This article was featured as editor’s pick on blogcritics.
May 12th, 2015 marked the 50th anniversary of diplomatic relations between Germany and Israel. Stark black-and-white press images of Ben Gurion and Adenauer facing each other may have long morphed into images of the present day leaders of Israel and Germany, but there are still as many reasons to remember the dark shadow of historic events as there are reasons for the two countries to complement each other in striving for a shared future.
This is a relationship marked by strong sentiments, but never indifference – a very peculiar relationship, which, against all odds, has flourished into a friendship between two, for the most part like-minded countries, in a changing world.
Said Angela Merkel when addressing the Knesset in 2008: “Yes, our relations are special, indeed unique – marked by enduring responsibility for the past, shared values, mutual trust, abiding solidarity for one another and shared confidence.”
And then there are the people: German tourism in Israel is booming, while Israelis’ growing interest in Germany and – above all – Berlin, has been widely reported on.
Still, at a time when European anti-Semitism seems to be on the rise again, one remains sensitive and mindful of the German promise, “never again”.
Regardless, this year’s golden anniversary is being celebrated with a variety of events throughout Germany and Europe, as well as North America and Israel. Israeli culture and Jewish history are a visible theme on the German event calendar this year.
On the musical end of the scale, The Berlin Philharmonic opened the cultural celebrations with a performance of Felix Mendelssohn-Bartholdy’s Symphony No. 4 in A- mayor.
In New York, the musical focus will be on German/Luxembourg chanteuse Adrienne Haan, an electrifying international cabaret star, whose Carnegie Hall debut at Weill Recital Hall on October 29th will feature music from Weimar Berlin, Yiddish klezmer and contemporary Hebrew songs. Equally at home in repertoire ranging from jazz, blues and klezmer to Broadway and pop, the music of the 20s and 30s, unthinkable without the contribution of Jewish talent, has a special place in Haan´s heart and career.
It is highly likely that Haan’s audience this fall will include many generations of holocaust survivors, and if Haan’s past concerts are anything to go by, she will again win her audience over with her sincerity and artistic honesty. It is these qualities, which, throughout her career, have made the many characters she portrays so believable – from pirate Jenny to Lili Marlene. It will be fascinating to observe her delivery of Hebrew and klezmer material, which will include a medley of handpicked pieces, based on Haan´s love for expressive melodies.
And one can, again, expect to witness her very special mélange of gloomy melancholy in memory of tragedy and loss, and the regret that the past remains unchangeable. But her performances have always celebrated life, as well, and have honored the power of the human spirit embracing forgiveness in the hope for the new generation’s better future.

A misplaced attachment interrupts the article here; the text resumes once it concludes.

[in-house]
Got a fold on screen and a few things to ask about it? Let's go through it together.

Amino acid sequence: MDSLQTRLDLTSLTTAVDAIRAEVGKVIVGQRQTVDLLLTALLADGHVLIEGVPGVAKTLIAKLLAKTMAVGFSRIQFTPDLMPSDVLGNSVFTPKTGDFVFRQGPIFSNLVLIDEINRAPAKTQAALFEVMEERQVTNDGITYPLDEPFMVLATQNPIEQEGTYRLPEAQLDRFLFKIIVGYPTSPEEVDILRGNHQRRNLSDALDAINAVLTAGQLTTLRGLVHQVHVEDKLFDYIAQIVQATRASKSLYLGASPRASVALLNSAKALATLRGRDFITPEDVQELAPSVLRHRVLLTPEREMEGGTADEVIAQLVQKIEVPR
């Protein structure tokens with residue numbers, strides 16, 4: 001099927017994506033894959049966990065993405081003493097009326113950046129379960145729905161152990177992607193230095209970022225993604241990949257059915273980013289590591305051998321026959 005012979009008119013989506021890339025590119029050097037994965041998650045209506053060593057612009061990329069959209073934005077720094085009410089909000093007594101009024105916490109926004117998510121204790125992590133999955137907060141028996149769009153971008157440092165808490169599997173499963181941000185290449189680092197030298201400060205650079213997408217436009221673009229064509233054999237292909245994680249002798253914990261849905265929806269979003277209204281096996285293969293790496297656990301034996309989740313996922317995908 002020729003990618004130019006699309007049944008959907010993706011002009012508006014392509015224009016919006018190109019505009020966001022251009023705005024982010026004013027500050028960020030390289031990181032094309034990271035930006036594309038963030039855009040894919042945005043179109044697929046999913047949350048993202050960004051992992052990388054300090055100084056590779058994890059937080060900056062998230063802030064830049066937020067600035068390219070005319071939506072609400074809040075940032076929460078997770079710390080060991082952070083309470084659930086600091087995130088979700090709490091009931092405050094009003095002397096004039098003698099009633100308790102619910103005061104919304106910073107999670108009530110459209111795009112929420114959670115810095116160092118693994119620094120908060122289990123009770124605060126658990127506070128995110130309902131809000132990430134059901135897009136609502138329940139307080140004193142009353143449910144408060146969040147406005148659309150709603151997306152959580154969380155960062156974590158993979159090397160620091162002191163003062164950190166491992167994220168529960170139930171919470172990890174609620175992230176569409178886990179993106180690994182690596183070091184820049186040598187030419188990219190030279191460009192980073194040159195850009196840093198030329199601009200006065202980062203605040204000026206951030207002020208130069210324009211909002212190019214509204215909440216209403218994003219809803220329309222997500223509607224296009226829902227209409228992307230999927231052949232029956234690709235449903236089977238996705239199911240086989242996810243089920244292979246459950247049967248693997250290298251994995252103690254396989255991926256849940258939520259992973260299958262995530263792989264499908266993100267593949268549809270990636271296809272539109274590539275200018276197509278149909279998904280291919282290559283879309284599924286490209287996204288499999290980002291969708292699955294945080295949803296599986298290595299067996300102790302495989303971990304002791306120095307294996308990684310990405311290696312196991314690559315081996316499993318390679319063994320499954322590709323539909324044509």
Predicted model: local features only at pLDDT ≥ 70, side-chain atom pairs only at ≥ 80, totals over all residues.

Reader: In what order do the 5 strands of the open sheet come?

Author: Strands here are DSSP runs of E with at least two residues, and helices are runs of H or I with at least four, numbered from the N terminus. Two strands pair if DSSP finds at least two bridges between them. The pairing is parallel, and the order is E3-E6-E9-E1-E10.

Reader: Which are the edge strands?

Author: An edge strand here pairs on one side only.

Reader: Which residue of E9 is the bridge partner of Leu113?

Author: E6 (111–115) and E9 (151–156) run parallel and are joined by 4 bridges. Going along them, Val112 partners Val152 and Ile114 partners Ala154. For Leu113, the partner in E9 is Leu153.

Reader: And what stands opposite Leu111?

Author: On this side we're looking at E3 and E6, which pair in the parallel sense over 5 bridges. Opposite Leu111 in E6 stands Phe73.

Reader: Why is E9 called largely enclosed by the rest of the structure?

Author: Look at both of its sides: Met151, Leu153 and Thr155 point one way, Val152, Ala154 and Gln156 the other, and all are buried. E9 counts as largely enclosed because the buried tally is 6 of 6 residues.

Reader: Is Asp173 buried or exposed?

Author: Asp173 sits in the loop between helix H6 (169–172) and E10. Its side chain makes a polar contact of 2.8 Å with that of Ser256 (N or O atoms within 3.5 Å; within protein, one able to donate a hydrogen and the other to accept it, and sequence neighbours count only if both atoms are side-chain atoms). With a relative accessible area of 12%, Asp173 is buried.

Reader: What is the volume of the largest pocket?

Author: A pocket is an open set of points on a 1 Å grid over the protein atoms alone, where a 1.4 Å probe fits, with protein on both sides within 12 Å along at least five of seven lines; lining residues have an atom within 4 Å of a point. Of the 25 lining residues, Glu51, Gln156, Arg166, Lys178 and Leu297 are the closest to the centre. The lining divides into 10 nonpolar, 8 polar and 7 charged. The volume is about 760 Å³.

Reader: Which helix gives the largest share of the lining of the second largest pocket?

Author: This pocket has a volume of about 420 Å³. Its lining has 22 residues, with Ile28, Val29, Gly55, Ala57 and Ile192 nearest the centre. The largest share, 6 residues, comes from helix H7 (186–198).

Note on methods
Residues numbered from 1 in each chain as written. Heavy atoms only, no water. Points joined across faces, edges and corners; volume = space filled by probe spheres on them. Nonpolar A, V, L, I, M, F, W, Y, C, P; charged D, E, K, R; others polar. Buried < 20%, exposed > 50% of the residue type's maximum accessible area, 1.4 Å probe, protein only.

The event will take place under the patronage of the UN ambassadors of Germany and Israel and the spiritual leader of Manhattan’s Park East synagogue and founder of the appeal of conscience foundation, Rabbi Arthur Schneier, who has recently been knighted by Pope Francis for his work in promoting peace and understanding.
The evening will feature music especially arranged for Haan by German music director, Heinz Walter Florin. The program will include works by Kurt Weill/Bertolt Brecht, Mischa Spoliansky, Kurt Schwachbach, Friedrich Hollaender, Norbert Schulze, Chava Alberstein, the Klezmatics, Sasha Argov, Moti Hamer and Naomi Shemer. Ms. Haan will perform in German, Yiddish and Hebrew; Israeli violinists Netanel Draiblate and Perry Tal, violist Shmuel Katz, cellist Yoni Draiblate, as well as Mr Florin on piano, will accompany her.
The embassy series at the embassy of Austria in Washington, DC, will present an encore performance of tehorah on November 3rd.
Says Haan: ”I created this program to share the tragic experiences of war and loss and to add a sense of love, hope and forgiveness. It is my hope that tehorah, which means pure in Hebrew, will help build musical bridges and create sincere understanding.”
And while building on a traumatic history can never be easy, Haan’s approach of combining just the right amount of nostalgia with a gentle sense of humor and a dash of sexiness seems a worthy way to try.
Haan does not make a secret of her appreciation for Israel and its people, and has already lined up several performances for 2016 in the country. “Next year in Jerusalem,” she says and smiles.